Researchers from all over the world can access the core of Gettysburg National Military Park’s collections remotely now that more than 40,000 images and catalog records for the Gettysburg collection are online.
To see the Gettysburg National Military Park Museum Collections page click here. The online feature also includes archival finding aids a useful tool for learning even more about many aspects of the national parks through online PDFs and image collections.
Gettysburg’s new online resources include:
- An extensive photograph collection capturing life during the period of the Civil War and beyond. The Civil War Soldier Collection displays the portraits of various soldiers who fought throughout the war.
- A large collection of general photographs that record images taken by park staff to document park operations, events, property, and surroundings.
- The William H. Tipton Photographic Prints, 1863-1931, are from original negatives created by William Howard Tipton in the late 19th and early 20th centuries. He was a prominent Gettysburg photographer who, as young boy, assisted local photographers in documenting the aftermath of the battle.
- Maps and drawings comprise a large share of the finding aids within the Gettysburg collection. For example, Bureau of Public Roads Improvements Drawings from 1934-1936 describes blueprints received and approved by the National Park Service and Gettysburg National Military Park as part of road and walkways improvement projects.
- The Gettysburg National Military Park Maps and Drawings describes maps, plot plans, architectural drawings, engineering plans, road layouts, and topographic sketches of various buildings, monuments, and land tracts within Gettysburg National Military Park and the surrounding area from 1933-Present.
- The letter collection provides a vast assortment of letter written during this crucial period of American history and offers a detail and in-depth look at what life was like at this time. The Thompson Papers include the many letters and papers associated with Captain James Thompson, including the discharge letter for Captain James Thompson from the Pennsylvania light artillery volunteers on June 13th 1865. The William King Letters contain several letters written by William F. King of the 18th Massachusetts Volunteers during the Civil War. These letters offer valuable in-sight into the daily lives and struggles of soldiers fighting during the war.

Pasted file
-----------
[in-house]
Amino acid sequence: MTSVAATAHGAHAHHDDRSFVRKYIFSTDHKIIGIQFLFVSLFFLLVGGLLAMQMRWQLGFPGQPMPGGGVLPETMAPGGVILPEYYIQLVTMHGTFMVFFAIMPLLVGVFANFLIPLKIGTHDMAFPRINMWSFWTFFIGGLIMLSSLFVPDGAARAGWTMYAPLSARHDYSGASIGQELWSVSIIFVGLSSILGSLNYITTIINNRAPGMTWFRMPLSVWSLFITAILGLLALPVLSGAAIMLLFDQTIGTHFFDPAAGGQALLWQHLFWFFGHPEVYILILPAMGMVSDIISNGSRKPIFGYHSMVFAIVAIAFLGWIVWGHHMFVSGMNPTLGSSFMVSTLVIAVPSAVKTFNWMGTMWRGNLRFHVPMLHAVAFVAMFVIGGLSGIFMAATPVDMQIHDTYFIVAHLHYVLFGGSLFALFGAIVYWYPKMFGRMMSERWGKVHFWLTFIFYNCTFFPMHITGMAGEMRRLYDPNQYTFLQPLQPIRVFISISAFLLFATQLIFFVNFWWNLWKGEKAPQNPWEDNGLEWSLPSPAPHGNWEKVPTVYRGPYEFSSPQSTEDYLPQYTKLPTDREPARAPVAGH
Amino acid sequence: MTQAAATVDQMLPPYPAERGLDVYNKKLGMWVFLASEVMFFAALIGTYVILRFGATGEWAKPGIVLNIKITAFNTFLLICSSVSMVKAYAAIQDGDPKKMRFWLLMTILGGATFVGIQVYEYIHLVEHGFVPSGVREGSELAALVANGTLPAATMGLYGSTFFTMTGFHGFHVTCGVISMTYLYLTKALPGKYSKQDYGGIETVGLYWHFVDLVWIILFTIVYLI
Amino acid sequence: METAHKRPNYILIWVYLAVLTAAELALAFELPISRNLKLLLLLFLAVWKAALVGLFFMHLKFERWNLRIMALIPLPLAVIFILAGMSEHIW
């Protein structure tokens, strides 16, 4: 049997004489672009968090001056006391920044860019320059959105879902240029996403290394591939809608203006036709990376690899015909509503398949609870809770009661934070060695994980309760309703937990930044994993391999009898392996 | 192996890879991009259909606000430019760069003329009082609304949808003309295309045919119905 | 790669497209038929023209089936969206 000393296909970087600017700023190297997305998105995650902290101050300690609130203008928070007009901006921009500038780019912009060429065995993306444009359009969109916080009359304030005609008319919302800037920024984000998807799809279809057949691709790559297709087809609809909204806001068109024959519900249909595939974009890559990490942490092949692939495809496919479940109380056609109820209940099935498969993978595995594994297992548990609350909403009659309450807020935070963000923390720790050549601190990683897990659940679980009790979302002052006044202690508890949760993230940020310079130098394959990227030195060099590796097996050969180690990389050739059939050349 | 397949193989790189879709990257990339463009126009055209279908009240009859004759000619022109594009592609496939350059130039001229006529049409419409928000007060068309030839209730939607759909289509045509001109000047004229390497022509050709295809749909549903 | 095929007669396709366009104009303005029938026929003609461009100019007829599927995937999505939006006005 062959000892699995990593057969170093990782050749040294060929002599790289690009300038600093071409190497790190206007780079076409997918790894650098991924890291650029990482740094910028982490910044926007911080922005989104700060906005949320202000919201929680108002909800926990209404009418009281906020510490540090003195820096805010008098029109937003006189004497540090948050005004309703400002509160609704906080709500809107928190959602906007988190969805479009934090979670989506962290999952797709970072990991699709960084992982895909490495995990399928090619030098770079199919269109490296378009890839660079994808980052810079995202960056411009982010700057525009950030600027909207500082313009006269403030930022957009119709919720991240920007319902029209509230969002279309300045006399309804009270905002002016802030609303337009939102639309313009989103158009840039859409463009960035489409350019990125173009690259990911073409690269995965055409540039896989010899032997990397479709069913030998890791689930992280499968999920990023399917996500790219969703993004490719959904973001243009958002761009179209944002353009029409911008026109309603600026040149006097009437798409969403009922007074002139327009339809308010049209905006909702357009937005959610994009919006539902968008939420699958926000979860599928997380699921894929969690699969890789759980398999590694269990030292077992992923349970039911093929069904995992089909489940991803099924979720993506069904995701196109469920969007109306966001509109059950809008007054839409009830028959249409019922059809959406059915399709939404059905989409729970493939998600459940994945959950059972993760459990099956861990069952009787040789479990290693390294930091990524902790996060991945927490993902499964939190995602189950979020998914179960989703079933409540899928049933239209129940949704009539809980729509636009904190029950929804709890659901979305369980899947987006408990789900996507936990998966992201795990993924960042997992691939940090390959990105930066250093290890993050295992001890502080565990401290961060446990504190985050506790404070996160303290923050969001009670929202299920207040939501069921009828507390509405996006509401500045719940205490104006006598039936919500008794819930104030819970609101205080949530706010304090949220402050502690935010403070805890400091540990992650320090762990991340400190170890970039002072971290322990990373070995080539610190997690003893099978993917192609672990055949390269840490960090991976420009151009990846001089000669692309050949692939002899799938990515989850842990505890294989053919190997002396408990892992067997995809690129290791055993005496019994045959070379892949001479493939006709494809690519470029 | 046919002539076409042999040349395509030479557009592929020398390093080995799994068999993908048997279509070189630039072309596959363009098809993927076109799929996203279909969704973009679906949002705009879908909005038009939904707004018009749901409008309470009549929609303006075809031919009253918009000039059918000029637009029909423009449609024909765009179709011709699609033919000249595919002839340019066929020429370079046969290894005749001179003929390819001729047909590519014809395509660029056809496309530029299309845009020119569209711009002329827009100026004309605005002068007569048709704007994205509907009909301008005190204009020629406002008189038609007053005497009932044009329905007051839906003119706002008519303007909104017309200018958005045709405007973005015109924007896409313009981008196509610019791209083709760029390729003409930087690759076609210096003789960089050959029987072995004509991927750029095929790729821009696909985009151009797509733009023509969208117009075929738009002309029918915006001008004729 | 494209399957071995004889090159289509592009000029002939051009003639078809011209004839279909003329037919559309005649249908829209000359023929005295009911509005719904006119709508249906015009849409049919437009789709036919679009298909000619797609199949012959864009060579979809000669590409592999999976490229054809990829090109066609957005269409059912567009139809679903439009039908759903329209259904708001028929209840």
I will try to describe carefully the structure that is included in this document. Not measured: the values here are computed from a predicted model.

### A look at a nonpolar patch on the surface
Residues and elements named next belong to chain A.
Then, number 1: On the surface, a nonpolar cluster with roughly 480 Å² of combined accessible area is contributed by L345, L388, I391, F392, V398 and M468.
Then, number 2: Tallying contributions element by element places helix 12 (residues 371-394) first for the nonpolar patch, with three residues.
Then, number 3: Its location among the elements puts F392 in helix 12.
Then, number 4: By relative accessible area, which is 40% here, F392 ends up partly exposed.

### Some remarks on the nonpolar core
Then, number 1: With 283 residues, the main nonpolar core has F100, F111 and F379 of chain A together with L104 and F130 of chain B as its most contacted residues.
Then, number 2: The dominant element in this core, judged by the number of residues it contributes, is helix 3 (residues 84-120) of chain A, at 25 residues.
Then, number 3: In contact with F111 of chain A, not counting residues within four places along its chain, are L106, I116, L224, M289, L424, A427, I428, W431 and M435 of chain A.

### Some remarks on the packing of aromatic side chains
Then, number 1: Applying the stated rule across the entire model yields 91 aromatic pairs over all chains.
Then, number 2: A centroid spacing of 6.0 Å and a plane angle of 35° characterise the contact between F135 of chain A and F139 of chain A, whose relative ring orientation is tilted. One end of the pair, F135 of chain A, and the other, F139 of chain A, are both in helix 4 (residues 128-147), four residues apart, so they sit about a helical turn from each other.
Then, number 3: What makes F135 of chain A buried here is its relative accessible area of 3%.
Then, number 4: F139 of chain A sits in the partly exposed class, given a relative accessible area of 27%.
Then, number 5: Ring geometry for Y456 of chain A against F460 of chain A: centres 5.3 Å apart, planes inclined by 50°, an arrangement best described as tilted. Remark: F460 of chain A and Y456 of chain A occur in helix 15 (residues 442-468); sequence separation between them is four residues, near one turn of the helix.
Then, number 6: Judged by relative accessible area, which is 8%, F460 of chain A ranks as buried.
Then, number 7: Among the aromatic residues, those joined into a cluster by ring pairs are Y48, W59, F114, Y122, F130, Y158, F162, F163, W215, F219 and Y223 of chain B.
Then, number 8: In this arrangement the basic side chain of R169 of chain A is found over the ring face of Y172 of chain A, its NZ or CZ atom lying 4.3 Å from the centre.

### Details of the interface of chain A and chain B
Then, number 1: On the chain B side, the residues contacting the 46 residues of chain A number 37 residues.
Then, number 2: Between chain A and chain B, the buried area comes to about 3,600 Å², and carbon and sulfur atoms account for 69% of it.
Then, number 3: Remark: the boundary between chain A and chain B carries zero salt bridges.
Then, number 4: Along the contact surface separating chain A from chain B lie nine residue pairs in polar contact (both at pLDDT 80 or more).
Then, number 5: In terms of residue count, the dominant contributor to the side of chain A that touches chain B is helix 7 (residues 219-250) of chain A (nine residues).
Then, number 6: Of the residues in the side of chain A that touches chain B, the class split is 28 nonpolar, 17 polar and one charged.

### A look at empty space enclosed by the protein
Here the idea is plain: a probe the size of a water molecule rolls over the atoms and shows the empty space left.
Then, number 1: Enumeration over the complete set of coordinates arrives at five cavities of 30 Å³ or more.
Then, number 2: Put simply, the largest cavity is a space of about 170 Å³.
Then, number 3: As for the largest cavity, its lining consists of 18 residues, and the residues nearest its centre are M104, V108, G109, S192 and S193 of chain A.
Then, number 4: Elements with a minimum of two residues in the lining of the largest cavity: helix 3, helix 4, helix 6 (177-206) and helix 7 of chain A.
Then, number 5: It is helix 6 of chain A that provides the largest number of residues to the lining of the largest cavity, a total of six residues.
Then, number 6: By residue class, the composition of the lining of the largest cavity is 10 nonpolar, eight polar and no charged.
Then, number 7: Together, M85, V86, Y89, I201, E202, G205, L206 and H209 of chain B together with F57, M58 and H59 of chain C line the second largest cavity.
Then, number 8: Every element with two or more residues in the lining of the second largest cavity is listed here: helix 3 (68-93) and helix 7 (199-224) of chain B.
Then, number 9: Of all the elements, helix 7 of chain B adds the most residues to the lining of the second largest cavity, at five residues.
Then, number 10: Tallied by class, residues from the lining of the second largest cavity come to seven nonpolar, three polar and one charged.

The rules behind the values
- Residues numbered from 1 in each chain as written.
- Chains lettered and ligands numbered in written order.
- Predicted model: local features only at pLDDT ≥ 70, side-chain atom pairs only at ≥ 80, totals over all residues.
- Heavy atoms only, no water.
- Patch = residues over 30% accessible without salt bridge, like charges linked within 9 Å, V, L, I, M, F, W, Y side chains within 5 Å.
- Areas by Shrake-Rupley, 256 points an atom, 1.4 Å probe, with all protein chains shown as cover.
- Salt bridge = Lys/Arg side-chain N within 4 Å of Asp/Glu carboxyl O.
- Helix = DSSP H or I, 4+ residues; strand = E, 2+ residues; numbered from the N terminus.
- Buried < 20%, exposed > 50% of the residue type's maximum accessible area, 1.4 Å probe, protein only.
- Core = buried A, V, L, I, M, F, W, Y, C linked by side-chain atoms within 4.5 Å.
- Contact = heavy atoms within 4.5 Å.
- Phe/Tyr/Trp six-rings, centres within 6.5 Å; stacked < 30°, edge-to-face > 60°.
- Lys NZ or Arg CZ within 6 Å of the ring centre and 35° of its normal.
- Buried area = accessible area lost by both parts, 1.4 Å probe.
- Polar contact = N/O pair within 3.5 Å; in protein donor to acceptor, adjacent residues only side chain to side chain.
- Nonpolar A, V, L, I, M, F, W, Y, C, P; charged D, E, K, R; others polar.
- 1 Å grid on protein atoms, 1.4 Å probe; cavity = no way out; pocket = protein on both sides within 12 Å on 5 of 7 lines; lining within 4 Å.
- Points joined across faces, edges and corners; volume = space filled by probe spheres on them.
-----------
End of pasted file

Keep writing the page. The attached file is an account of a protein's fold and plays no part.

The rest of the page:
“This project will improve the public’s understanding of Gettysburg’s material culture, the events of the Civil War, and the efforts that have been made to preserve the battlefield since the guns fell silent.”said Ed W. Clark, Superintendent, Gettysburg National Military Park.
The NPS WASO Museum Management Program, University of Tennessee, Knoxville, ReDiscovery Software and park staff completed the project over the past year.
The project is an important accomplishment in the NPS’s “A Call To Action” initiative number 17, Go Digital, which calls for transforming the NPS digital experience by creating user-friendly online resources and social media opportunities.
A blog entry on the finding aids and archival collections of Gettysburg NMP can be found at http://npscollections.blogspot.com/.
Katie Lawhon, Management Assistant, 5/28/14